Research shows that higher education is facing more challenges than ever before, so it needs leaders who have the ability to think and act outwardly and to be able to motivate staff, as well as to make sense of the complex and changing environment of universities today (Rowley & Sherman, 2003; Bryman, 2007). Sathey (2004) argues that academic leaders often struggle to identify the qualities necessary to become more effective in their roles. Bryman (2007) advocates that leadership has generally been considered by various academicians as the top most crucial topic in higher education and its importance stems out from the fact that higher education success hinges on the quality of good leaders. On a more practical level, Smith & Hughey (2006) confirm that students can also be influenced by what academics do and say in the classroom and in advising sessions. Studies demonstrate that the increased complex nature of leadership in higher education has gained the attention as a subject over the past two decades (Ramsden, 1998; Smith & Hugh, 2006; Amey, 2006; Adair, 2011). Leadership Foundation (2012) substantiates this claim suggesting that the list of challenges remains to grow longer as universities core business increases in complexity.
Avolio et al (2009) highlights that effective leaders are developed through a never-ending process of self-study, education, training, and the accumulation of relevant experience. Although there are different views about what constitutes good leadership, Avolio (2007) proposes that leadership styles are unique and what works for one may not work for the other. In order to answer the leadership puzzle and to gain a better understanding about the meaning of effective leadership in higher education, this study has employed a phenomenological approach where a list of themes has emerged that form part of this jigsaw puzzle, resulting in a picture of effective leadership in education.
3. Literature Review
While there has been a proliferation of research carried out on the topic of leadership, the question still remains: What does it take to be an effective leader in higher education? Many writers on this subject claim that higher education settings have changed greatly in the last two decades, and that the definition of leadership still remains as elusive and hazy to define as as it did then (Bass, 1997; Amey, 2006; Altbach, 2011). Given the increasing competitive pressures and financial challenges facing universities across the UK, Bryman (2007) highlights that most academics recognise the need for effective leadership as a key ingredient for institutional success, so it needs effective leaders who can motivate staff and to ensure that the sector remains relevant in a competitive global context.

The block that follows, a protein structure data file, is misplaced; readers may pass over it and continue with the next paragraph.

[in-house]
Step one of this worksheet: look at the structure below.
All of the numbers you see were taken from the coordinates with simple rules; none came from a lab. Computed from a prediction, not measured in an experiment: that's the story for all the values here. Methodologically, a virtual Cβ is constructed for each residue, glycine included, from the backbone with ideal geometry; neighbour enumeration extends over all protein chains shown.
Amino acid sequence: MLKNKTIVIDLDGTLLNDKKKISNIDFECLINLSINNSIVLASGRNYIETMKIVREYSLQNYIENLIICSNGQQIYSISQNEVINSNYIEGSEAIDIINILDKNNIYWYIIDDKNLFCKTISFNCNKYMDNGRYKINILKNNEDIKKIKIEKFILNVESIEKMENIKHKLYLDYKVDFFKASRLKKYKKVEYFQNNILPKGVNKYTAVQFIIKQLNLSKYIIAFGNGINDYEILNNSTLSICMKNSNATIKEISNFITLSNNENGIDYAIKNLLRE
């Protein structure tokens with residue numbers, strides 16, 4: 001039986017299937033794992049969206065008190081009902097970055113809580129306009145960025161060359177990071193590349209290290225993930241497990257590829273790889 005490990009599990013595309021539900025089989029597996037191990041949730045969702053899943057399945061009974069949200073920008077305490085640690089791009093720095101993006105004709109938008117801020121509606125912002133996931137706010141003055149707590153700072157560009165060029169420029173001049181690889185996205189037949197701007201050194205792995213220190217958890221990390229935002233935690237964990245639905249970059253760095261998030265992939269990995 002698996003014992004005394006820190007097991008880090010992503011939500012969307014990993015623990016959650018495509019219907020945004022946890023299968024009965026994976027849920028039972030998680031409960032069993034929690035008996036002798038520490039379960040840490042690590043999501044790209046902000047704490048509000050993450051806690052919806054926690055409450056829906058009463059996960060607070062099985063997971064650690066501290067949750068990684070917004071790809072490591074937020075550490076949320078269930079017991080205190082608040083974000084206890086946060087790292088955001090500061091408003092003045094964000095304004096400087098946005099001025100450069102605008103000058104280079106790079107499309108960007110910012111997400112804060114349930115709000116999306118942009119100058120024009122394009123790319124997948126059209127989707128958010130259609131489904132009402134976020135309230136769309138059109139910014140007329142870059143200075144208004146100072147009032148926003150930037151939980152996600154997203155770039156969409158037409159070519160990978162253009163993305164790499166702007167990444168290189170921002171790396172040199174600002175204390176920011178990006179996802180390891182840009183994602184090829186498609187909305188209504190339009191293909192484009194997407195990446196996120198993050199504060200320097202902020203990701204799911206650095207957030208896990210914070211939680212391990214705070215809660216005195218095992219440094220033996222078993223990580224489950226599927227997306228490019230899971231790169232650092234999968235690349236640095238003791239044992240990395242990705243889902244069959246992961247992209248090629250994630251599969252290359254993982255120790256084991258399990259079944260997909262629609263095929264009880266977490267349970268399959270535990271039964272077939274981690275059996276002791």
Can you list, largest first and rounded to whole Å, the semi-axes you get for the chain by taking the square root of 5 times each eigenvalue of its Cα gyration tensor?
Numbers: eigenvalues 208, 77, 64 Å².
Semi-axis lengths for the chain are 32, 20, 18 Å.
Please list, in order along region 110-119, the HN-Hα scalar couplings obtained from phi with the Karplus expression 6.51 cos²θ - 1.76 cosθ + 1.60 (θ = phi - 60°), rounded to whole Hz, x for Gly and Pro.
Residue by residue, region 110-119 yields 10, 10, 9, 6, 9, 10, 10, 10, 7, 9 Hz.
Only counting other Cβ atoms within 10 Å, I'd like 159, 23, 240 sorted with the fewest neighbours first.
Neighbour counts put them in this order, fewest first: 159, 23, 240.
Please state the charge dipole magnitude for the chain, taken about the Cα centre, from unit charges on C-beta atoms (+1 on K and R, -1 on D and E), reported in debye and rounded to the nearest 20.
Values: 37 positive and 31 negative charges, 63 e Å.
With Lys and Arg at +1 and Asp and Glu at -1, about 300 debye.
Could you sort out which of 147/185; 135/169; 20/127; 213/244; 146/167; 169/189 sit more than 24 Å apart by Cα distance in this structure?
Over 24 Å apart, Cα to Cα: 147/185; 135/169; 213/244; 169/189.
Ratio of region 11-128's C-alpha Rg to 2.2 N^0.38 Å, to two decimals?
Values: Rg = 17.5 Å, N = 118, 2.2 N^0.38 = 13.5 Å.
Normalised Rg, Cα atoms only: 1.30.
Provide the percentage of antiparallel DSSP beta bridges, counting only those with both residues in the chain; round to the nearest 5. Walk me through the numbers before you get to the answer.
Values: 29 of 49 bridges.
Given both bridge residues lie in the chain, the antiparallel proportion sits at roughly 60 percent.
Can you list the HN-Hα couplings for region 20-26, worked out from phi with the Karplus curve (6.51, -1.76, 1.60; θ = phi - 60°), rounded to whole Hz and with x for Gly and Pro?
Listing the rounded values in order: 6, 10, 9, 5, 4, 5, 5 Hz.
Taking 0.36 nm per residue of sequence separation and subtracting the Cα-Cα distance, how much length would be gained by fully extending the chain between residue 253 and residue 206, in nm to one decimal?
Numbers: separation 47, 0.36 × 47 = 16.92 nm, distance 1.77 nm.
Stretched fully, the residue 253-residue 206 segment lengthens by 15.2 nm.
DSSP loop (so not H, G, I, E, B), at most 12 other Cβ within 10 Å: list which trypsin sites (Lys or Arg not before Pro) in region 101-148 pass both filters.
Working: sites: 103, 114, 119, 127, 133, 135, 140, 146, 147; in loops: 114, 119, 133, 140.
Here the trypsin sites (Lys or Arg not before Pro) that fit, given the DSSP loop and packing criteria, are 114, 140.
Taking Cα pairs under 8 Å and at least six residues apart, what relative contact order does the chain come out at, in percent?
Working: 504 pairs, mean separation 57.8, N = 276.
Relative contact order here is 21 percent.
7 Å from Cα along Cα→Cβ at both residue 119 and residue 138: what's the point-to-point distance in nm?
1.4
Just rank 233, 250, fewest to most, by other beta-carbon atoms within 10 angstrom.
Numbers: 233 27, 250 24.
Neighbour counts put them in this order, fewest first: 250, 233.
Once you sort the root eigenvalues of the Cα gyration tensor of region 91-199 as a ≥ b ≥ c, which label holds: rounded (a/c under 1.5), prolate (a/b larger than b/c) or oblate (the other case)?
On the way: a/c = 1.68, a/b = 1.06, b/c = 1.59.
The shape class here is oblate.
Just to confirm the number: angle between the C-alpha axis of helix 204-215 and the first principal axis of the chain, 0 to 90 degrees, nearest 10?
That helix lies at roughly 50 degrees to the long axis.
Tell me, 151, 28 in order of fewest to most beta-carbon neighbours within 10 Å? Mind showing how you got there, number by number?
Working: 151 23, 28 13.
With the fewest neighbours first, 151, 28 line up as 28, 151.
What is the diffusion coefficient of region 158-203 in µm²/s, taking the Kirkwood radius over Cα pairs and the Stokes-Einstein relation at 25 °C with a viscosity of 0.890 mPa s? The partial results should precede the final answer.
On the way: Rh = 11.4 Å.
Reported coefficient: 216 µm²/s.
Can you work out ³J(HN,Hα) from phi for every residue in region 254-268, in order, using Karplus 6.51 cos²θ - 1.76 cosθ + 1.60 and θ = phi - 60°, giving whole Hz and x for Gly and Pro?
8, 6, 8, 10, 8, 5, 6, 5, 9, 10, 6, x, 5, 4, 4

Existing research on the subject of leadership sheds comparatively little evidence of what contributes as an effective leadership in higher education. Adair (2011) states that by having a better understanding of leadership can be the key that unlocks the door of action. Bennis (2009) concurs that these leaders hold the key role in decision making that lays down the organisation’s goals and the processes by which these goals are achieved. Therefore, having a good understanding of what formulates the meaning of leadership will help to serve as an outline to this study and to explore further questions on what effective leadership means in higher education?
3.2 Definition of Leadership
While many have a good grasp of what leadership is, putting a definition to the term has proved to be a challenging endeavor for many scholars (Ramsden, 1998; Bennis, 2009; Adair, 2011). A good starting point when discussing leadership is to describe what leadership means, which is not easy as there are many different interpretations and perceptions of leadership. Although many authors have defined the concept of leadership, there does not appear to be any clear classification on what the term actually means (Bennis, 2009; Adair, 2011; Black et al, 2011). Shapiro (2005) believes that it has been a subject of thought and debate since the time of Aristotle and Plato. Since that time, concepts of this term have surfaced. Many sources demonstrate that the nature of leadership in higher education is ambiguous and contested, and that universities require a very different kind of leadership from what was once studied in the past (Sathey, 2004, Adair, 2011; Berndston, 2017).
Northouse (2007) advises that people who take on leadership positions within higher education play a crucial role, as they have the ability to influence a group of individuals to work together to achieve a common goal. MindTools (2017) agrees in that leadership is an art to instigate and motivate followers so they can strive hard toward attainment of specific objectives. This correlates to House (2004) definition of leadership as having extra extraordinary vision and decision-making power. MindTools (2017) attaches similar meaning when he sums up leadership where effective leaders must create a compelling vision that will inspire and motivate others. Bass (1997) proposes that a vision is more than just a dream. It is an ambitious view of the future that everyone in the organisation can be in, one that can realistically be achieved, yet offers a future that is better in important ways than what now exists.